I think reading between the lines, it's easy to see what Lynch was angling at here and it's exactly the kind of affectionate, silly, surreal love letter to France you'd imagine he'd make. While more of a film for Lynch fans, this is so short and such great fun that I hope others would get something out of the small investment of time it requires too.

Made a few years before and, of course, much better known, Paris, Texas was a film I meant to get around to watching for years and only finally caught up with in 2016. Needless to say, I kicked myself for not having watched it earlier, especially being a big fan of HDS' acting and Wim Wenders' sublime 1987 film Wings of Desire.

Apparently HDS's favourite of his own films (I can certainly see why), it tells the story of Travis Henderson, who comes out of the desert, is later found by his brother (Dean Stockwell). Turns out, long story short, that the former had been gone for four years, had been assumed dead and that the latter and wife are now taking care of Travis's son (Hunter Carson son of co-writer L. M. Kit Carson (who also wrote The Texas Chainsaw Massacre 2) and Karen Black, who sadly didn't go on to do much more, aside from Tobe Hooper's remake of Invaders From Mars and a few other things; he's great here, especially in all his scenes with HDS). For a good while when on the road home, Travis is completely mute, apparently having withdrawn from and left "the land of the living", as his brother calls it at one point, due to, presumably, some past trauma or the like. And before I get carried away again synopsising, I'll leave it there. Unlike Lynch's short, this is one where you really should go on the journey yourself, so to speak.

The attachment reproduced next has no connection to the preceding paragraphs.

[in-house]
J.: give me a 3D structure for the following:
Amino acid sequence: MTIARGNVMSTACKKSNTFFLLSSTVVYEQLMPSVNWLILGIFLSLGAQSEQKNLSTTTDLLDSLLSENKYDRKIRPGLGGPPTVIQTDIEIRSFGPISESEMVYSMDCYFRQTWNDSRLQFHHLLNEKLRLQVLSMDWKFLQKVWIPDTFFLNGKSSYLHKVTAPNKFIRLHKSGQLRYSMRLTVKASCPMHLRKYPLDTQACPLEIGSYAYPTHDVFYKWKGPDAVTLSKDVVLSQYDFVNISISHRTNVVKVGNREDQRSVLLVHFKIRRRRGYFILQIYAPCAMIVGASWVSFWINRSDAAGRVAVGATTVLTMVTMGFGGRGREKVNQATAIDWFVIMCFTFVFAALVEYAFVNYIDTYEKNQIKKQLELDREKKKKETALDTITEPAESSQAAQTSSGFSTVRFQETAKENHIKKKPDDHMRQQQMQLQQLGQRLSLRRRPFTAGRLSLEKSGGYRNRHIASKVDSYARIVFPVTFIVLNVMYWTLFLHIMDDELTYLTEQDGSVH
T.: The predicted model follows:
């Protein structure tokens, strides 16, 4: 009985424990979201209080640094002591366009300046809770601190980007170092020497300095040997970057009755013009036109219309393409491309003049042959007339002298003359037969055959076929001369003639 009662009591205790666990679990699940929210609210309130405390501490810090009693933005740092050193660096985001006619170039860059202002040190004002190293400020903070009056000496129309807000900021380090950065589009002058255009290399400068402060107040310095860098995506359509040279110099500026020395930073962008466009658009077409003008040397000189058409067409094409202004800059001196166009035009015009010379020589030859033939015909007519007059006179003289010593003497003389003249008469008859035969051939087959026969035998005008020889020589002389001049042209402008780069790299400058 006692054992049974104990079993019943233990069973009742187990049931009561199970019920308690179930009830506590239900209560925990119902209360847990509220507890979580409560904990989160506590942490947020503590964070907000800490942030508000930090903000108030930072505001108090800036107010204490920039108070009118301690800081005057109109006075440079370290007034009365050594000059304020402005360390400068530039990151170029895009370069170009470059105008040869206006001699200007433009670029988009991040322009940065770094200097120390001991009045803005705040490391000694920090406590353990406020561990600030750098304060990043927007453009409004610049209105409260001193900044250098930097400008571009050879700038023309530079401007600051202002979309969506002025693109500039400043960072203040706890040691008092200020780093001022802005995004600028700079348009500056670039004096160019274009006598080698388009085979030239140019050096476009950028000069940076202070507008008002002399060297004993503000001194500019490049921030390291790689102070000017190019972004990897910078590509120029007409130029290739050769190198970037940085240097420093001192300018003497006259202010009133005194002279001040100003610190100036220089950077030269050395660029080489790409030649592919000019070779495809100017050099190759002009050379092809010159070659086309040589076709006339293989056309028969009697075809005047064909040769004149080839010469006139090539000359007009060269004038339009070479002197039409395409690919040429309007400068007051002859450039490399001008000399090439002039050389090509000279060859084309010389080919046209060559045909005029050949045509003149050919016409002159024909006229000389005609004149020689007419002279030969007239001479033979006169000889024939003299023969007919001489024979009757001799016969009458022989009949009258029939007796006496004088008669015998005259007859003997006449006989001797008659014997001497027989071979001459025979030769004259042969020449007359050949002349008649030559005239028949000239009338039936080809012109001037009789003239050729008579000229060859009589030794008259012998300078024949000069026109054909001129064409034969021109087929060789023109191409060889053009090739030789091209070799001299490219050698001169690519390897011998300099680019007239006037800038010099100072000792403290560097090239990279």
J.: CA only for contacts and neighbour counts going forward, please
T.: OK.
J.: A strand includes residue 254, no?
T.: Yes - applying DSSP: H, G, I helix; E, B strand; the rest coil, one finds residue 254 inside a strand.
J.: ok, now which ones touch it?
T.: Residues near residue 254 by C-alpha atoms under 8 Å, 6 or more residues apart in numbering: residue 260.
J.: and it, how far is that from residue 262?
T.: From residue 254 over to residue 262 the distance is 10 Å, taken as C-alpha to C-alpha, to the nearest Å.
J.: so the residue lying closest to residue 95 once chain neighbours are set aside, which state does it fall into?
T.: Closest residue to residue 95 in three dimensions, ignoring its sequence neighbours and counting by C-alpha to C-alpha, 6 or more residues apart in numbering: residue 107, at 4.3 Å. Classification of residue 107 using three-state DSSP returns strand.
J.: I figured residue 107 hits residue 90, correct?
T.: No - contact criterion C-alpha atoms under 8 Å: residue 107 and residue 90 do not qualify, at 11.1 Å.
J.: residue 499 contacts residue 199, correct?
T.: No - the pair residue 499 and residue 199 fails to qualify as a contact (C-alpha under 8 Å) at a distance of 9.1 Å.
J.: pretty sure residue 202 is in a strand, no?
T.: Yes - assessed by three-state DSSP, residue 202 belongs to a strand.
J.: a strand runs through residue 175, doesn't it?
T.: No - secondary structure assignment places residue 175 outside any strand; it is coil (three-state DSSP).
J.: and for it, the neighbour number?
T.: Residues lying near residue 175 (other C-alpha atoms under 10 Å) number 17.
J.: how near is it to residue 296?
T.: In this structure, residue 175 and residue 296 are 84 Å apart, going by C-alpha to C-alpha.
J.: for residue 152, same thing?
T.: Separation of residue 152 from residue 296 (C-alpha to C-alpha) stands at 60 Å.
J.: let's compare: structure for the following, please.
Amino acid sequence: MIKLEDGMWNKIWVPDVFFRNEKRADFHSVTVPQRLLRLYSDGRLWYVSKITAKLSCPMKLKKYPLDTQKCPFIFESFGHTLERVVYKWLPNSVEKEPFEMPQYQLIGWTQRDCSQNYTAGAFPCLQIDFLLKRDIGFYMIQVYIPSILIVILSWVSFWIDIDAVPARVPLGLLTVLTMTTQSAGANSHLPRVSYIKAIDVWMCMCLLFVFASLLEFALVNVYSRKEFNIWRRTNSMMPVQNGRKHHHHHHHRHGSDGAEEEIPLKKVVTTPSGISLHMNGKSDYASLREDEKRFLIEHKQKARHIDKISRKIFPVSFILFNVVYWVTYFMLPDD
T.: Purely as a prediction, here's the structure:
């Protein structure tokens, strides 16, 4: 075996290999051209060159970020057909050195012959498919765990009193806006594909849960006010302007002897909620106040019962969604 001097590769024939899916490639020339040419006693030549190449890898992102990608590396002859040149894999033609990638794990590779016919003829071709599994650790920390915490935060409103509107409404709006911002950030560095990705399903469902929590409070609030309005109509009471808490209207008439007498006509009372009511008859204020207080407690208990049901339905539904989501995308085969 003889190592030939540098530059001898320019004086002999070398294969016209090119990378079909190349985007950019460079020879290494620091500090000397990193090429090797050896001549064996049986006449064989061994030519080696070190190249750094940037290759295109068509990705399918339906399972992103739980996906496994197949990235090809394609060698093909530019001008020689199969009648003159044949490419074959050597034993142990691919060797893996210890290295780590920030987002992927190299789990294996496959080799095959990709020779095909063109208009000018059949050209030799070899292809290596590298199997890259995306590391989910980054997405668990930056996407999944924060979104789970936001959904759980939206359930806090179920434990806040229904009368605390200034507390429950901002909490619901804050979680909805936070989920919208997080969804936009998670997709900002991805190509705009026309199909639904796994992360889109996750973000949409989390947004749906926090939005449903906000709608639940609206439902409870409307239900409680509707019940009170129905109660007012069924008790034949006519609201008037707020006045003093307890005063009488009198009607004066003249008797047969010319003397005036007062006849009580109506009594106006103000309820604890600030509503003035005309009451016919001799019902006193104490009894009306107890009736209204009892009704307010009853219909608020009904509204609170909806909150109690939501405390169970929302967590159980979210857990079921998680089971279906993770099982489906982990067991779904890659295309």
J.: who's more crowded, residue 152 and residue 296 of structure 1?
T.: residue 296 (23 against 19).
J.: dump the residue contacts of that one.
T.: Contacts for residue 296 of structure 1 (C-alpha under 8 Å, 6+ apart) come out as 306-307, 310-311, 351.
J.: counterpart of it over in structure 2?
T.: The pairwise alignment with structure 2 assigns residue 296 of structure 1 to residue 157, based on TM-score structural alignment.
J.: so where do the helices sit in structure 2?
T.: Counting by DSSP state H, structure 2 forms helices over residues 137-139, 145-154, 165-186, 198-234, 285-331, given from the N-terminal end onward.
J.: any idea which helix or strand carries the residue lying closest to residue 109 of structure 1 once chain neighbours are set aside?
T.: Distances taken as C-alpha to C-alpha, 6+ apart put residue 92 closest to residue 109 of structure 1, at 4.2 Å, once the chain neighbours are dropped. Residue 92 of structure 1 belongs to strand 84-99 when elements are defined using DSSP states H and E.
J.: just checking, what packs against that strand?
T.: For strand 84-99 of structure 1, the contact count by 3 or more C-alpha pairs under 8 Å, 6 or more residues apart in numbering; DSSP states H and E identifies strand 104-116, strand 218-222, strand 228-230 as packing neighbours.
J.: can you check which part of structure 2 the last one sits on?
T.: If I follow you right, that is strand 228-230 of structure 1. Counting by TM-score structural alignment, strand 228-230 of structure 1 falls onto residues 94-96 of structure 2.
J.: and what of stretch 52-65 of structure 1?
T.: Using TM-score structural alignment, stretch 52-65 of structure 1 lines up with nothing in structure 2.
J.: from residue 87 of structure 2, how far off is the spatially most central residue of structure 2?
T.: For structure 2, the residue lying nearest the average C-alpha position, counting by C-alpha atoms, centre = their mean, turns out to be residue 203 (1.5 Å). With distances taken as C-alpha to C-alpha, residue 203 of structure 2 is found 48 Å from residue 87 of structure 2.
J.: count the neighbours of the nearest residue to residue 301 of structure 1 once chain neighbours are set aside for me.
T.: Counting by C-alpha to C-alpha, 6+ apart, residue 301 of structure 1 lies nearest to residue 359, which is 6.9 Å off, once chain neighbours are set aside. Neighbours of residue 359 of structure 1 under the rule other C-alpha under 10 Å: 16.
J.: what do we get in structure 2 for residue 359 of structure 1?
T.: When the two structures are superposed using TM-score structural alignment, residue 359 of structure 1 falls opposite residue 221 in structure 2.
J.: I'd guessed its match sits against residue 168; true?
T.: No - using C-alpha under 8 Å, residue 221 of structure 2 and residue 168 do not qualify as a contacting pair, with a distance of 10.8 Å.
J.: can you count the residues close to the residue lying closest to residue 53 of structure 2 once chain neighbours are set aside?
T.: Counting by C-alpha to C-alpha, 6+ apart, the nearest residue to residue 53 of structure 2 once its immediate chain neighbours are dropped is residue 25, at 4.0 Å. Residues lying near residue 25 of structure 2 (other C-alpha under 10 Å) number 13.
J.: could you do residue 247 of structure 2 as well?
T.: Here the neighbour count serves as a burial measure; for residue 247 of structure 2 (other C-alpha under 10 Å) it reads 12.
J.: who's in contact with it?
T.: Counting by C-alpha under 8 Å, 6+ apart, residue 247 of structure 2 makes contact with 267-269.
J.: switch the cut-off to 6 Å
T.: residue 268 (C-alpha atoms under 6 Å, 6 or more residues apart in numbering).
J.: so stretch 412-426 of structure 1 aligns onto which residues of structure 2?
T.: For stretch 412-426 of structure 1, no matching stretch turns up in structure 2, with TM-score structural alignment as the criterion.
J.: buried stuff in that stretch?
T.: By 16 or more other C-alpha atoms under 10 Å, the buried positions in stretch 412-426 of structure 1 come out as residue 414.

As I said, I can understand why HDS would call this his own favourite. He always puts himself, body and soul, into his performances, but this one in particular. It's often subtle, alternatively funny and sad, and resonates deeply and truly due to the great man's lived experience and wisdom, clear depth of humanity and intuitive sense of its complex nature.

Beautifully shot by Robby Müller (who would also work with HDS this same year on one of my all time favourites, Repo Man; the film I first became aware of HDS with, I'll be watching it tonight and having a few beers to further tip my hat to the man. And Müller's photography in both often has a similar look; particularly love how he shoots the city at night), possessing an appropriately spare but beautiful and haunting score by Ry Cooder (apparently based around Blind Willie Johnson's "Dark Was the Night, Cold Was the Ground") and with HDS's standout performance ably supported by his fellow cast, this gets my vote as one of the most beautifully observed and thoughtful films ever made. I'd say what I think it's all about (family, love, freedom being three things that spring to mind. So more much as well though) but again, it's probably for the best for one to experience this alone (or with a close friend, family member or lover who won't natter and will be appreciative of the meditative pace) and without too much preconception. Like many things, I imagine what you bring to it will largely determine what you get out of it.

There's much more to say about this film of course and maybe, sometime into the future, I'll go into it in more depth but today that's not my intention. That was merely to tip my hat/give some appreciation to the birthday boy. Looking forward to seeing Lucky, starring him by the way. Apparently David Lynch is in it too. Here's the trailer. It looks as beautiful, warm and witty as we'd hope for a project carried by a soul who is very much all of those things himself. As I said earlier though, tonight I'll be re-watching Repo Man and raising a cold one or two to the man who, in my humble opinion, is America's greatest living actor. Cheers to you, Harry Dean Stanton, and thanks for everything you've given us and continue to do.